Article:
SOUTH AFRICA’S GOVERNMENT has made substantial progress in the move towards adopting open source technology over the past 18 months. That’s according to Sun Microsystems Europe, Middle East and Africa chairman Crawford Beveridge.
He says 18 months ago Government departments were still trying to get their heads around open source issues but are currently making concrete plans to adopt key open source technologies as the foundation of their strategy into the future. “SA is ahead of Europe and North America when it comes to the adoption of open source technology but behind countries such as Brazil, where president Lula da Silva has led the charge to transform the technology the country’s government uses.”
Beveridge says while many people think only of the Linux operating system when they talk about open source software, its scope is much deeper than that. The ambit of open source extends from the open document format ODF – that describes exactly how information is stored and formatted – to applications such as OpenOffice (a competitor of Microsoft Office) to the desktop and server versions of the Linux operating system, to name but a few.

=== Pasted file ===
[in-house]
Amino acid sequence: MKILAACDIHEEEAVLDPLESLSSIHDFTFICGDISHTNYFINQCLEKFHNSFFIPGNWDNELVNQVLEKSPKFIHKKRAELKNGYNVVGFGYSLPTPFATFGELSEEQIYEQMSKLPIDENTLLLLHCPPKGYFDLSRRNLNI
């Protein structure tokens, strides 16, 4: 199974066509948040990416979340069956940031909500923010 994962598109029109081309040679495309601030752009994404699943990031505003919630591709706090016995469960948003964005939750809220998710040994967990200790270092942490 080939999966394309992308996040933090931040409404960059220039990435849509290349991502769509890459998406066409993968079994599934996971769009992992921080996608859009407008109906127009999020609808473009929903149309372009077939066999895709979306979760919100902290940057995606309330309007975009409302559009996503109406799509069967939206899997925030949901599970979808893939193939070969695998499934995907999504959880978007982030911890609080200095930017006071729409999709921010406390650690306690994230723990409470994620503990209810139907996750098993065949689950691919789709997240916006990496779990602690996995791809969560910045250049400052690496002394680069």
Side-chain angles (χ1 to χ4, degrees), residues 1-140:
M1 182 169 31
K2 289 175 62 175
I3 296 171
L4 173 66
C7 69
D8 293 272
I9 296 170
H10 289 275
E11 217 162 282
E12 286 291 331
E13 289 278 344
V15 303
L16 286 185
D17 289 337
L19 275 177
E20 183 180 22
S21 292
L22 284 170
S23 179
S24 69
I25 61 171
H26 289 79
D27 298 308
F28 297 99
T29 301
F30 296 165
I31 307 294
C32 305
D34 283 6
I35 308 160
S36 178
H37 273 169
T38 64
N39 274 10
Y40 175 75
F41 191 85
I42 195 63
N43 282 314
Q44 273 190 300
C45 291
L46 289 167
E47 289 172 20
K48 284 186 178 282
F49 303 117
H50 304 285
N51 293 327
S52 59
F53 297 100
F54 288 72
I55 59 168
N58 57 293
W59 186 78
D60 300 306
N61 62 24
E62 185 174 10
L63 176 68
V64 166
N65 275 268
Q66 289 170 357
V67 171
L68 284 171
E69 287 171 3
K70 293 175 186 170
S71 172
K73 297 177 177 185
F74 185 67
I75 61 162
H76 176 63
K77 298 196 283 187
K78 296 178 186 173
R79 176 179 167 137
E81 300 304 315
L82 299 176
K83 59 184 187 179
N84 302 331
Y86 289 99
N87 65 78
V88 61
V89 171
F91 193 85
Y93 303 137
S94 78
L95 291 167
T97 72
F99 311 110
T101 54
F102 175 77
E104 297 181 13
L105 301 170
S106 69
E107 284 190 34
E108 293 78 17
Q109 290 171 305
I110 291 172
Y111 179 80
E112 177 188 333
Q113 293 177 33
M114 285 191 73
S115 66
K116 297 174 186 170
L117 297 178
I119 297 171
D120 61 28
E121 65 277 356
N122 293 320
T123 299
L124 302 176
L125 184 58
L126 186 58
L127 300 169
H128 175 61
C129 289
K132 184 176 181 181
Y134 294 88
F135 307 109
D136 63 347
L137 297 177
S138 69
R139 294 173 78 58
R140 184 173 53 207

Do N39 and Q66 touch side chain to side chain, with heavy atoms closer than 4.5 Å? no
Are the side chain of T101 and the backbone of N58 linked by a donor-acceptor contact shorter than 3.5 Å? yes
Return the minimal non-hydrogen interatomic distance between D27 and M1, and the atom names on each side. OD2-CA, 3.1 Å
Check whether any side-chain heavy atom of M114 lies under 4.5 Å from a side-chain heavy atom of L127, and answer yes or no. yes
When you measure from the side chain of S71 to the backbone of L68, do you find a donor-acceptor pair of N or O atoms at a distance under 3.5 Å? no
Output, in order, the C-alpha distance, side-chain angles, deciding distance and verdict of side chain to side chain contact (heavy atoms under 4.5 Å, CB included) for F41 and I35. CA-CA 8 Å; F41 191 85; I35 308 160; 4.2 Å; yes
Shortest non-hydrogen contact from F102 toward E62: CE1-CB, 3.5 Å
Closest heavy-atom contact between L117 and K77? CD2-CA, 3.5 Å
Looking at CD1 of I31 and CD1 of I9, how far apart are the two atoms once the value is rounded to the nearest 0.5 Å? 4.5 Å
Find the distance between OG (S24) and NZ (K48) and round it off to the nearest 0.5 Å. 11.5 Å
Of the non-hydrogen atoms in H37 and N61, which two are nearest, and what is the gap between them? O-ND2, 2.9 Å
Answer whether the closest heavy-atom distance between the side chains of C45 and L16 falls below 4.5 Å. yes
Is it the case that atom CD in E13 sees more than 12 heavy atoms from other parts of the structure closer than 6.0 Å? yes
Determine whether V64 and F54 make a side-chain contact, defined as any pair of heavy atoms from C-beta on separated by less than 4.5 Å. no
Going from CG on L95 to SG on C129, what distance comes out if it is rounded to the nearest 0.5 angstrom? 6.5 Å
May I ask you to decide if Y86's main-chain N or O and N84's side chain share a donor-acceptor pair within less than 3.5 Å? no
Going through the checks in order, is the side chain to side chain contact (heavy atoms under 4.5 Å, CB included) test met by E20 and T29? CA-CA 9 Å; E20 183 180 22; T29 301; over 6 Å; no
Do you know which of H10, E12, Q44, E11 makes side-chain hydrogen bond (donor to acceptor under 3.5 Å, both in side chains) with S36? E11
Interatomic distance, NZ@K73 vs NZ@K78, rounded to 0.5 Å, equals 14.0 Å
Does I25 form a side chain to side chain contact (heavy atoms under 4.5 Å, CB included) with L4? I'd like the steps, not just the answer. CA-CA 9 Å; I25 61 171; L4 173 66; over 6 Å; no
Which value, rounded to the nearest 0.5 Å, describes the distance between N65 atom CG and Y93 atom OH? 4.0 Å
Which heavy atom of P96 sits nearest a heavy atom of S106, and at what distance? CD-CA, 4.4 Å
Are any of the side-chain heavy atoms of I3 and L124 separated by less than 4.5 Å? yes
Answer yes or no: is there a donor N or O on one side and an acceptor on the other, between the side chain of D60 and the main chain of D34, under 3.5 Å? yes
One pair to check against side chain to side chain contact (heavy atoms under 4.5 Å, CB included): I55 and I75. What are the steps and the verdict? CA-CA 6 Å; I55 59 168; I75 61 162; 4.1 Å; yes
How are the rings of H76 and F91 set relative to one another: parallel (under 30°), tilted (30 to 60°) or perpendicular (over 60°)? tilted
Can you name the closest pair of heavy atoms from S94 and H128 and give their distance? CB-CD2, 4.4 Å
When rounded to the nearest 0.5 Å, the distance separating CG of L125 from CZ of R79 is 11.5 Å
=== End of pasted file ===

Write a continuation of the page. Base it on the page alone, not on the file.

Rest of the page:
Another misconception surrounding the technology is that it’s free. And while most of it doesn’t have licence fees attached to it, users pay for the application’s service and support. That’s why it’s gaining popularity with developing countries, because it encourages the development of indigenous technology companies.
Though one of the problems is that due to the diverse nature of the open source industry it’s hard to put an exact value on it, Beveridge admits that’s something that needs to be determined.